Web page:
As the weather warms up in the spring and the snow melts, Colorado bursts into bloom, its turquoise lakes, and wildflowers bursting with color.
In addition to the vibrant wildflower bloom, the state’s mountains, meadows, and grasslands are alive with the fluttering of 45 different species of butterflies.
There are many opportunities to witness these wing-adorned beauties fluttering about from spring through early October, whether hiking through wildflower meadows, woodlands, or waterways.
Here are 10 butterflies that you might probably find when exploring Colorado.
One of the world’s most well-known and extensively researched butterfly species is the Monarch. Monarch wings are orange with black lines and white dots bordering them.
The Monarch is well-known for its breathtaking seasonal migration, particularly in Colorado. They normally travel north between March and June once the winter season has ended.
As they migrate through Colorado, there is something unique about them; even though the Rocky Mountains of the Continental Divide divide the Western and Eastern populations, both flock to Colorado and put on a spectacular display for locals.
In Colorado, especially near the Front Range, cabbage white butterflies are frequently sighted. They are often found in plains, gardens, open, weedy places, mountain meadows, streamsides, and slopes.
Most of these butterflies are white, with gray spots near the wingtips. In the middle of the forewing, males have one black mark, while females have two.
The Weidmeyer’s Admiral butterfly has white bands and blocks on both wings, with mostly black wings overall. From early June to early September, you can find this butterfly in the woods along mountain streams and other mountain settings. By butterfly standards, they are a big size.
The contrasting black and white markings on the wings of both sexes can be used to distinguish them. In Colorado, this species is typically visible from June through early September.
Eastern Colorado seems to have a higher density of two-tailed swallowtails. Their habitat may include urban and suburban locations and rural open spaces, including fields, gardens, marshes, hilltops, and roadside locations.
These butterflies have wings that may spread up to five inches, and most of their stripes are black and yellow. Colorado is home to two-tailed swallowtails, most frequently observed where ash trees are grown.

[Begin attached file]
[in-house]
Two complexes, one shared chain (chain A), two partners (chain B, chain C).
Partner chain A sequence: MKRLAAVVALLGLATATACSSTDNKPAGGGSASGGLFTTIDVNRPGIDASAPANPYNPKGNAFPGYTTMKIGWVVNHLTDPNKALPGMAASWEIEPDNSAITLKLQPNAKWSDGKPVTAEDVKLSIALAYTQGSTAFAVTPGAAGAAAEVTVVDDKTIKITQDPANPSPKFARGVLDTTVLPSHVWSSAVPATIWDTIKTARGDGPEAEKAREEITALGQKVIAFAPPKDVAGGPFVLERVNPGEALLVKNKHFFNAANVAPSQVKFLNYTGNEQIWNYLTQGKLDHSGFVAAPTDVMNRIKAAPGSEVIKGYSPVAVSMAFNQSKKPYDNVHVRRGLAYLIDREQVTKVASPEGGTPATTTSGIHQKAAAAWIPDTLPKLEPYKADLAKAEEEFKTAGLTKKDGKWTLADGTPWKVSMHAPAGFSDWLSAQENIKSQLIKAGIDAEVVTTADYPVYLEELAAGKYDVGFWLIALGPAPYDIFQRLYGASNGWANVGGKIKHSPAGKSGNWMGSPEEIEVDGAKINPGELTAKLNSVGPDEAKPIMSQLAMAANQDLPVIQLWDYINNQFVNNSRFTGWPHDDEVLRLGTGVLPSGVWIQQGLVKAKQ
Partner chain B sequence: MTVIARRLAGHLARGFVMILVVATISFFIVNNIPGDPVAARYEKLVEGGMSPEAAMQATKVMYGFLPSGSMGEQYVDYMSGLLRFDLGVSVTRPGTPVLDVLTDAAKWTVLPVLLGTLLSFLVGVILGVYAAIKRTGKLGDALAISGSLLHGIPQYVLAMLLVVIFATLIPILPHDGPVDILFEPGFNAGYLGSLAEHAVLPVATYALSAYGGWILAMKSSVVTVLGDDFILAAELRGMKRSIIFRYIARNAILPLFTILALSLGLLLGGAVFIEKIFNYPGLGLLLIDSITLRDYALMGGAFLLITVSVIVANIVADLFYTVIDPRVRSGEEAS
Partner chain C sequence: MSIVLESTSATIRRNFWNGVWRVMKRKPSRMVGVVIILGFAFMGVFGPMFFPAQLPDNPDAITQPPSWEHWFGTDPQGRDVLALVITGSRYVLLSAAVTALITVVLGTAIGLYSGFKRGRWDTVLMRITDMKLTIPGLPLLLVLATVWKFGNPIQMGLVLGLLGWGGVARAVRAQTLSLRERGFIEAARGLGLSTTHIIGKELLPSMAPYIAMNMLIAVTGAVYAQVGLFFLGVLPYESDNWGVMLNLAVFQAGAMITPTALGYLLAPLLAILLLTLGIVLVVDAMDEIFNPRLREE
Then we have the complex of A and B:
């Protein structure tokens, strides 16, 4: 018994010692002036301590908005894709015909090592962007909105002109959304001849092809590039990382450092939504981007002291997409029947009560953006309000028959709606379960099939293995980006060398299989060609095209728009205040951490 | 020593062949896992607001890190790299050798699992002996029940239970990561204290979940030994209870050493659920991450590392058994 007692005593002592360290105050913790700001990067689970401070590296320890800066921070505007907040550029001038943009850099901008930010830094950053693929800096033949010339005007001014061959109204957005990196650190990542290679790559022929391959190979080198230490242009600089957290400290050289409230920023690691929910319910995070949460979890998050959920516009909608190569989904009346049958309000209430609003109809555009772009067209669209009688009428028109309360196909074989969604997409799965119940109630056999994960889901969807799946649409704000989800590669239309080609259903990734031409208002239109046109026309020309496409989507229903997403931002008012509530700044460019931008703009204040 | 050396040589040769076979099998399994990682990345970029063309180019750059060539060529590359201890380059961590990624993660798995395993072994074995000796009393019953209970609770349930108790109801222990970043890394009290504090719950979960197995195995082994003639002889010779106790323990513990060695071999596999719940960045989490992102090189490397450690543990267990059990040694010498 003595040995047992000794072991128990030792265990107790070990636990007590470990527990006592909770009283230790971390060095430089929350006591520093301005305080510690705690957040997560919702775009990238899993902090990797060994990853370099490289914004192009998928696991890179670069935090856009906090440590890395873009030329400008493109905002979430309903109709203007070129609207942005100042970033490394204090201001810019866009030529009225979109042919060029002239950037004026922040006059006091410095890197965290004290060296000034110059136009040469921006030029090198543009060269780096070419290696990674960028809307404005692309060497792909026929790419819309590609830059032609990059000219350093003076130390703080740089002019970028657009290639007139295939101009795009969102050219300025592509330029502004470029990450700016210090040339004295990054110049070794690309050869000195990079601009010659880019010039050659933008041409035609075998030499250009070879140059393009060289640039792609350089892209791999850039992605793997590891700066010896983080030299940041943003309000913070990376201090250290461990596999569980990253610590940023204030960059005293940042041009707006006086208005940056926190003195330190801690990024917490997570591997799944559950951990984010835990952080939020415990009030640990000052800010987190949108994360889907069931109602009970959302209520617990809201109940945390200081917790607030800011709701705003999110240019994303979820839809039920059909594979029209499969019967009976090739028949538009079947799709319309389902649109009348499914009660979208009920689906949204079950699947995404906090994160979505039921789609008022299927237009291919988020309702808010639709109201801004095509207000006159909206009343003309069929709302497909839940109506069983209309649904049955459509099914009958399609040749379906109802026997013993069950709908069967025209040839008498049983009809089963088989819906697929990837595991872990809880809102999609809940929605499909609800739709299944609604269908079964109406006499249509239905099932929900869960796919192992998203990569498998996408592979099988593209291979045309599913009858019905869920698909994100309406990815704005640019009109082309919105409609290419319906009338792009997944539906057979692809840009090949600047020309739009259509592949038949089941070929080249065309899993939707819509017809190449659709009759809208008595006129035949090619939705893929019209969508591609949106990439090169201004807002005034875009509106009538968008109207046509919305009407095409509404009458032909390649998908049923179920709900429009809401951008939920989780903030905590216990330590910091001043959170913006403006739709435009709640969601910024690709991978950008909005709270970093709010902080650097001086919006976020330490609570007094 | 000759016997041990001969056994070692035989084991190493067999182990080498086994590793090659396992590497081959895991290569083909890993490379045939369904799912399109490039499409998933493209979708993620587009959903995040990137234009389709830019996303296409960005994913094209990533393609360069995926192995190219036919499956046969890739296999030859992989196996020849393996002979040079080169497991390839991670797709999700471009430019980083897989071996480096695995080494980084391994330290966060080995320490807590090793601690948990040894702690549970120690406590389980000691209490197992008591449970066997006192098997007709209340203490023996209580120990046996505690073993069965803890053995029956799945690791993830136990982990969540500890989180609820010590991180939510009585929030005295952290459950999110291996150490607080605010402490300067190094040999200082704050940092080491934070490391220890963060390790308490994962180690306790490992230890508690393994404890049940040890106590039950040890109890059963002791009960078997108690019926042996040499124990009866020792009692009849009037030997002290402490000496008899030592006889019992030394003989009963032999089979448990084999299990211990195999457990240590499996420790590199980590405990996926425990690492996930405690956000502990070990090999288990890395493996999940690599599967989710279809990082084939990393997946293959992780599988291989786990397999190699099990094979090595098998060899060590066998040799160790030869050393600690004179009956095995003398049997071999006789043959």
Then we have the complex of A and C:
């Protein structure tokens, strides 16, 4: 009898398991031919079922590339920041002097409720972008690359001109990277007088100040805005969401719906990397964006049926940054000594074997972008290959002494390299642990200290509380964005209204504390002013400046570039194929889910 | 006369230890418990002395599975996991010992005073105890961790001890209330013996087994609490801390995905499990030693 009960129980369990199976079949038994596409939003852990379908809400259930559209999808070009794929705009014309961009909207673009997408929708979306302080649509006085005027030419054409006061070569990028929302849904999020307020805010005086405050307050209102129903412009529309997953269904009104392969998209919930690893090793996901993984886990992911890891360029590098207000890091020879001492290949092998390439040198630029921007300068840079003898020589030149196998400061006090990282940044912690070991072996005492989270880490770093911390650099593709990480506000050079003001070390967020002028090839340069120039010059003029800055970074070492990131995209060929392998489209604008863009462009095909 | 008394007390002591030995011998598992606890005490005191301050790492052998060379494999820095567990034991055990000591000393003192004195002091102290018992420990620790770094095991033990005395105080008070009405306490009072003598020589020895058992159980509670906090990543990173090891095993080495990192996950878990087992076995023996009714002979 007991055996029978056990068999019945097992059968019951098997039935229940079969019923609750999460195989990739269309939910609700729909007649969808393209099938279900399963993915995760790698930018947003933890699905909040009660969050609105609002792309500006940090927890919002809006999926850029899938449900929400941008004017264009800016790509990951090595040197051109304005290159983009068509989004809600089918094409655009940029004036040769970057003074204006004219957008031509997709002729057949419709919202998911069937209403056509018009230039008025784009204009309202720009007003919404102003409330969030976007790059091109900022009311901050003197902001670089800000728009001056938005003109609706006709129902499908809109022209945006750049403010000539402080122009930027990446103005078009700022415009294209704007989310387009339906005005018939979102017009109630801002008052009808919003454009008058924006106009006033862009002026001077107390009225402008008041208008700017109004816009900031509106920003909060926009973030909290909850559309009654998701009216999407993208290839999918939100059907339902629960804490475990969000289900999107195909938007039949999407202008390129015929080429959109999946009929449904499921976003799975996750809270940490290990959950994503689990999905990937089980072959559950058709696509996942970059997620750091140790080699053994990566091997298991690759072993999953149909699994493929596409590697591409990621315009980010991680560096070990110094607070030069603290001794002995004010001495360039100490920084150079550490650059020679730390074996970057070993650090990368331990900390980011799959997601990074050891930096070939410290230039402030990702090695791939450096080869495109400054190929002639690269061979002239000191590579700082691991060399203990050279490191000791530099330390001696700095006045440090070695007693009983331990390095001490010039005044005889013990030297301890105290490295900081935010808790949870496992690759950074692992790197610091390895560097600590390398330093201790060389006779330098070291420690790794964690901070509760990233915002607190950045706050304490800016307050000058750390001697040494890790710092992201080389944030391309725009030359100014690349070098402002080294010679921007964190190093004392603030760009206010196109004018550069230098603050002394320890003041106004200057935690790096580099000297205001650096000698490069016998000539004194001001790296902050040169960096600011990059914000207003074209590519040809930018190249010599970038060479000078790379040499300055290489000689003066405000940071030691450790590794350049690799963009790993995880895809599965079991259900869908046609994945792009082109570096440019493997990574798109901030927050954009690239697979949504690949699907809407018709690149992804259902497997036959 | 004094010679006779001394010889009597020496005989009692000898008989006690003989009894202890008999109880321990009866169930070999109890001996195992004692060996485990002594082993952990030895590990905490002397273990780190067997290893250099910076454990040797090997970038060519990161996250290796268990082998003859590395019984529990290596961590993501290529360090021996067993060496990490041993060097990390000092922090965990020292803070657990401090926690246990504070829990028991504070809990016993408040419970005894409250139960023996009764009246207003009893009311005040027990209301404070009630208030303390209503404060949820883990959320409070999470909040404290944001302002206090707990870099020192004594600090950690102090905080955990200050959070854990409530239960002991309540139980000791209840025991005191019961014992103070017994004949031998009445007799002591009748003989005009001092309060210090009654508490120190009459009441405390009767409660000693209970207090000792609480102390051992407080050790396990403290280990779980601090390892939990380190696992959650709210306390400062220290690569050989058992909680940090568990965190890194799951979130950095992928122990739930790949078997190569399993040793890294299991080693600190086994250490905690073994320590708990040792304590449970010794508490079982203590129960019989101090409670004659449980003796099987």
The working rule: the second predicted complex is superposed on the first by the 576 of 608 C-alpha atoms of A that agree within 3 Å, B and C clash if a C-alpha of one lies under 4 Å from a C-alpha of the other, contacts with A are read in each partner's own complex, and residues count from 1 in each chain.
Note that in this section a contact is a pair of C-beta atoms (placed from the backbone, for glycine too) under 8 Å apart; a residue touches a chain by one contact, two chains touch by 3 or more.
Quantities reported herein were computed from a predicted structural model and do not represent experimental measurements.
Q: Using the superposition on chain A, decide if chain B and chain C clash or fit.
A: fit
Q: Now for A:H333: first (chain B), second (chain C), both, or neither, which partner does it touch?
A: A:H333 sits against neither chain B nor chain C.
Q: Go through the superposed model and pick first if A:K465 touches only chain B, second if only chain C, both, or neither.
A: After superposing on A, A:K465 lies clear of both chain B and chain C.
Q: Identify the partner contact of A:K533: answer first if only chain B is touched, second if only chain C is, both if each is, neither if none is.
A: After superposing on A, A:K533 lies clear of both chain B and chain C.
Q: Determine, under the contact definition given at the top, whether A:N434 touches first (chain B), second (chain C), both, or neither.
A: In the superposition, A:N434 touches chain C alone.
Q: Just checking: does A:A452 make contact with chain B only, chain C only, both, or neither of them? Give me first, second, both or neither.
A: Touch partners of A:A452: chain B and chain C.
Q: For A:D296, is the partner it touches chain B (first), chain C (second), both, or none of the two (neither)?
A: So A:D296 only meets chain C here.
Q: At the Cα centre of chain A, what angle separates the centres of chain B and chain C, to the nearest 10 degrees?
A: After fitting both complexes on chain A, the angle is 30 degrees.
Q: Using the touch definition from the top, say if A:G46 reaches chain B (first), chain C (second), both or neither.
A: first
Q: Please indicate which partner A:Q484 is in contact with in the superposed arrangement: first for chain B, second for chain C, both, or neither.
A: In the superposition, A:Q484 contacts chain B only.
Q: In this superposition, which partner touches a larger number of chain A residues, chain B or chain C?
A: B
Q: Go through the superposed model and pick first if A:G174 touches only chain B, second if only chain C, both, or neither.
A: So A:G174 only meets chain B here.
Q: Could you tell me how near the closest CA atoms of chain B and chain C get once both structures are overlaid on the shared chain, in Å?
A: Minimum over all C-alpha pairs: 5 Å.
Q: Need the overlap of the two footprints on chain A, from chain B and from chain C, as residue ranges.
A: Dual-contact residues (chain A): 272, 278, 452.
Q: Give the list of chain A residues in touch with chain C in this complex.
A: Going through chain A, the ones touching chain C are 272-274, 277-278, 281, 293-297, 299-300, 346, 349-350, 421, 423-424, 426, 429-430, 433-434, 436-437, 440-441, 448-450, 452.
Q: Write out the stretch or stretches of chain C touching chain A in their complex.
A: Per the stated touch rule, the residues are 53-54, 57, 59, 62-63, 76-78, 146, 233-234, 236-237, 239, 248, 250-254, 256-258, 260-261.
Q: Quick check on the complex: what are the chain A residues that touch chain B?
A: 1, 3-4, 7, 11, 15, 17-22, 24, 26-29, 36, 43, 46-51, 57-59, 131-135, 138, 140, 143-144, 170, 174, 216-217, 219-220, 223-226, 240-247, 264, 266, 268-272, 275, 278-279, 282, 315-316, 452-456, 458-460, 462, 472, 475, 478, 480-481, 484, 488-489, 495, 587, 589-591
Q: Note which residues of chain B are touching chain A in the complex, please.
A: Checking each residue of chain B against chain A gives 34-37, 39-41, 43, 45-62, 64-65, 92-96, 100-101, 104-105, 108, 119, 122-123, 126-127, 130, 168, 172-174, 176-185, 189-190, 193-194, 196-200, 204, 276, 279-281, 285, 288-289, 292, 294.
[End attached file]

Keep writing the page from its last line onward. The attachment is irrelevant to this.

The Hoary Comma is a dark reddish-orange and brown butterfly with black spots and bars. A row of yellow dots marks the wings’ jagged edges. The underside of the wings has a gray coloration overall, with darker areas that resemble tree bark.
The Hoary Comma is typically found near streams, prairies, and meadows in conifer or mixed woodlands.
On the Common Buckeye, there are any number of “eyes.” Both the forewings and the hindwings have spots that mimic eyeballs. Two orange streaks and two sizable black eyespots are present on the forewing. The top of the two eyespots on the hindwing is a crescent-shaped shade of magenta.
Although this species can be found in Colorado from May to October, it cannot survive the harsh winters and does not have the ability to reproduce there. However, adults frequently move into Colorado in the late summer and early fall.
The Painted Lady is one of the most frequently sighted and recognizable butterflies after the Monarch. In fact, all of the continents of America—aside from Antarctica—are home to them. But because they are migratory, they depart Colorado in the winter when the temperatures are too low for them to survive.
The wings have dark eyespot markings and are primarily orange and black. This butterfly is most common in North America, Africa, Central America, Asia, and Europe.
Rocky Mountain Parnassian
The forewings of the medium-sized Rocky Mountain Parnassian butterfly are black and gray with white or off-white accents.
The ideal time of year to locate them is from the end of May to early September in forests, plains, or rocky terrains where Sedum plants are present. They are about two inches long and have red or orange patches on the hindwing.
The state insect of Colorado, the Colorado Hairstreak, can be seen in the foothills and canyons of the region from late June to August. Adults range in size from 1.25 to 1.5 inches in length, consuming tree sap as opposed to flowers.
Their tops typically have blue or purplish tints with orange dots and small white veins running through them, while their bottom sides are typically gray.
Since 1996, this kind of butterfly has been recognized as the state insect of Colorado. It is typically found in hills and valleys between 6500 and 9000 feet in elevation.
The Checkered Skipper is the fastest butterfly in the world, flying at up to 37 mph in contrast to most butterflies, which hover between 5 and 12 mph. Since the Checkered Skipper adapts well to significant elevation changes, Colorado is an excellent place for them to live.
Females are brown-black with smaller patches of white checkering, while males are blue-gray with a pattern of white checkering.